• Visas and Registration. Ensure that you don’t need a visa in advance for your destination. If you do, check to see whether you can obtain one at the border, or if you have to get it in your home country. Some countries (e.g. Belarus and Kazakhstan) expect you to get a registration card if you are staying more than a few days, and not showing your registration card when leaving will result in a huge fine.
  • Money and other preparations. Some border crossing will spring hidden costs, especially in developing countries where you can encounter creative fees. Perhaps there’s an additional health check, a surprise transportation cost, or a small bribe. First of all, research the expected fee and come prepared with the exact sum, since people at the border tend not to have change. As a general note, having cash on you (USD or Euros in small notes) is always recommended, for the border itself and after crossing since you never know when the next ATM or good money exchange will be. It’s also advisable to have some of the destination country’s money at hand, especially if you’re going by land. Some buses and trains end up in places without ATMs, and you might need a little bit of the local currency for a bus or taxi. It is also recommended to download an offline map on google maps of your destination before you arrive.
  • Research. Especially in developing countries and if you are trying to cross independently. Check the border opening hours (some are not open 24/7!), make a quick research about how the border crossing is, and what can you expect. Coming clueless leaves you vulnerable. This is especially true in countries which are prone to corruption and scams.
  • For land crossings, get a stamp and establish contact with the carriers. Some countries have treaties that allow locals to travel with ID unchecked, which makes the drivers speed through border crossings. However, if you don’t receive an entry stamp, you’ll have serious problems upon exiting. Basically it means that you stayed there illegally. Make sure you talk to your driver, and let them know that you need a stamp (especially if it looks like you are the only tourist on the bus). In general, if the border seems tricky, it is best to find a way to make friends with the driver so they will take after your interests if something goes wrong, or even for them to know they have tourists on the bus. Start a small talk, offer food, it goes a long way. In some cases of an open border (e.g. The border between Russia and Belarus), you will have to get your entry stamp only upon arrival to your destination’s city. In other cases, you will not need an entry stamp (e.g when traveling from one EU Schengen country to another). Get informed in advance. One more quick recommendation is to take a photo of your entry stamp that will be helpful in case you lose your passport, and also good since some stamps are faded out after some time- when leaving a country, the border control will always check for an entry stamp to make sure you didn’t overstay.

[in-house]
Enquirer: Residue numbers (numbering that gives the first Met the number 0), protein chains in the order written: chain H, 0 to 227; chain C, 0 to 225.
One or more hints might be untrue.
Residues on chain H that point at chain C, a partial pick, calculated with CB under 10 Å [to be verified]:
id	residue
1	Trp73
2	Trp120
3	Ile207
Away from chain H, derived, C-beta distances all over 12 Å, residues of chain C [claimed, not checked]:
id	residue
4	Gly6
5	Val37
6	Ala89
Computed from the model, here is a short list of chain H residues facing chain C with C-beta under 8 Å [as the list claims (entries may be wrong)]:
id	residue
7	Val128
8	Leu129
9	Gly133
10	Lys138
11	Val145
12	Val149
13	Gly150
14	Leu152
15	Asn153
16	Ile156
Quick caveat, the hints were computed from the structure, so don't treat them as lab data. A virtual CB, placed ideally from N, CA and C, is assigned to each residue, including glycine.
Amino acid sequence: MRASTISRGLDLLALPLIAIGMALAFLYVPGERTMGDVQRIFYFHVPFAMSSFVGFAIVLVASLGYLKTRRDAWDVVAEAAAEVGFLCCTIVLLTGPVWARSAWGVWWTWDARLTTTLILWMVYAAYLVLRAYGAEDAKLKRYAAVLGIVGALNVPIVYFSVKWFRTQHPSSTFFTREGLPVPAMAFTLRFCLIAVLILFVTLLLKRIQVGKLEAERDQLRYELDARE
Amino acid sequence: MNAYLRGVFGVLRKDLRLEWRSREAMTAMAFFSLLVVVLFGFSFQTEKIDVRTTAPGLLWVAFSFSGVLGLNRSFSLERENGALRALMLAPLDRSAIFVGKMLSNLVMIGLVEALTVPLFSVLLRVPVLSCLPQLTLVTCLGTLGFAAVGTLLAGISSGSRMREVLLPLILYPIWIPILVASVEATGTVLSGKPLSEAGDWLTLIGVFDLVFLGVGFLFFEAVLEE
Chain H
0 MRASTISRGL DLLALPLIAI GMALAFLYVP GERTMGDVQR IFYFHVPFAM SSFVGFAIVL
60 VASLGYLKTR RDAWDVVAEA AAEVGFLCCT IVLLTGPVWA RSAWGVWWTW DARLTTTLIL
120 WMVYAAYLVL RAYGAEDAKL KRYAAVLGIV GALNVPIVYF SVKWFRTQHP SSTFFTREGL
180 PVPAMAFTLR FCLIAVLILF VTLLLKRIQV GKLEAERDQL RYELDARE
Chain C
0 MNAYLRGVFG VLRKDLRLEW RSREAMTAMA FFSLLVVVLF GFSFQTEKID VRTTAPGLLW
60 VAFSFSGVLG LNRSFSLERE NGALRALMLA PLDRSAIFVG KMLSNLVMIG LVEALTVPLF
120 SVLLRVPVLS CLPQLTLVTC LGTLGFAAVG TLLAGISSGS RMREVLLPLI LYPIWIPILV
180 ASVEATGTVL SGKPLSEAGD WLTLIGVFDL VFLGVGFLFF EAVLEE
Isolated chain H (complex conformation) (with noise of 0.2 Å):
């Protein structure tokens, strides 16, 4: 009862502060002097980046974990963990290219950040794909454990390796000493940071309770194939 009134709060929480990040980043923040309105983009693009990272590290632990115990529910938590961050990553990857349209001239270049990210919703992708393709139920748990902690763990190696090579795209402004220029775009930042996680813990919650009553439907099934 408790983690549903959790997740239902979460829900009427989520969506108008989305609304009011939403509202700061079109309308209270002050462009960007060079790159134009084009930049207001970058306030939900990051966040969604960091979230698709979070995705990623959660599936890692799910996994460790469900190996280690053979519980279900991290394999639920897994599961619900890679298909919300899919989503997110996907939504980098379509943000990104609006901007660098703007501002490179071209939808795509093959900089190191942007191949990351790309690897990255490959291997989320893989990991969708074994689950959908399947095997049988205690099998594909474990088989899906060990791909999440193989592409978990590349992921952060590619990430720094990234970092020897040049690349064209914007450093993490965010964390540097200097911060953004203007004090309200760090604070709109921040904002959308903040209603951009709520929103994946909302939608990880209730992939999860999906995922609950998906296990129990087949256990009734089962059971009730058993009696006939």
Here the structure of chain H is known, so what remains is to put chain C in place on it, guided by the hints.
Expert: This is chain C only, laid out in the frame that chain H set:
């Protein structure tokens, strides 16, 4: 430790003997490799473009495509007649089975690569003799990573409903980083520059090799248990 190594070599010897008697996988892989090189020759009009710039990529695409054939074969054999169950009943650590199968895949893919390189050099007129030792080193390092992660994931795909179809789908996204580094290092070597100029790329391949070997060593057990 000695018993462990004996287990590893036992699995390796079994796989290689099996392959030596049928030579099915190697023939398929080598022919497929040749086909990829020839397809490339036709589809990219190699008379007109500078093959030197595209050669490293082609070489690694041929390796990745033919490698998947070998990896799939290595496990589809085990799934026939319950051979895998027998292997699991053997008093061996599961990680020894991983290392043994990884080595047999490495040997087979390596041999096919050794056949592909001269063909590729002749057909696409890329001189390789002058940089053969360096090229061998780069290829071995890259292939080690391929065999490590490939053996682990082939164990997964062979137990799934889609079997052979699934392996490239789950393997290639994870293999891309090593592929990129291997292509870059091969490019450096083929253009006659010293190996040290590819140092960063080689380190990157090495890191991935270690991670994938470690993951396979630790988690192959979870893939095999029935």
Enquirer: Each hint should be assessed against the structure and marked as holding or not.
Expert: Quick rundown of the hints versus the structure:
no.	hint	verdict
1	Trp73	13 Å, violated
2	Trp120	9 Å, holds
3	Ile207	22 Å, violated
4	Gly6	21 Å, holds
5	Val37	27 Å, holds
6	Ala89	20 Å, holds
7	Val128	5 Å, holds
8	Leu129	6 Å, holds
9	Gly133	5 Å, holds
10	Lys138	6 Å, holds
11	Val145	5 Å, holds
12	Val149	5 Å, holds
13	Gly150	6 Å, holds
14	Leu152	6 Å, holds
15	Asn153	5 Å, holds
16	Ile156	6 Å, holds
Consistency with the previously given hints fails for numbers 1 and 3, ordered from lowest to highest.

• Belongings. I make an habit to go over my bags before I crossing borders to avoid bad surprises, since you never know what you have in your bags without checking. I also try locking suitcases and bags that are out of my sight to decrease chances someone putting things that are not mine while crossing (weird and unfortunate things can happen). It goes without saying that you’re an idiot if you’re crossing with anything illegal, but you’ll also need to be careful with stuff that seems harmless like vegetables and organic substances that might be totally illegal to enter with. Take extra care of your belongings when crossing in unorganized crossings where touts might be operating. Be aware of customs as well: Most countries have limitations on the amount of cash and goods you can bring in, so investigate in advance. Bringing a lot of cash into a developing country is not a good idea anyway, since if searched, it will probably be taken from you in some creative way. In airports, never board with what can be perceived as a cold weapon such as pocket knife. Send those away with your luggage and get rid of other stuff such as fireworks and gas cans all together. While speaking about belongings it is also worthwhile to recommend to charge your phone battery before the trip and try to have a data plan which you can use while crossing the border to make sure that you can contact the outside world if something goes wrong.
  • Good attitude. Border police are people too! They trust on intuition, and if they see a positive, smiley, and polite person, they probably won’t hold you up. If they encounter someone who is smug, disrespectful, or nervous, they might delay you. As a side note, for me it’s better to cross borders over weekends, as I am more relaxed, and lost time doesn’t count so much as in weekdays.
  • Appearance and prior preparation. Looking respectable and dressing nice will get you far. On the day you are crossing a border pick a nice set of clothes (not too fancy), shave and look presentable. With that said, don’t flaunt your valuables since you don’t want to make yourself a target.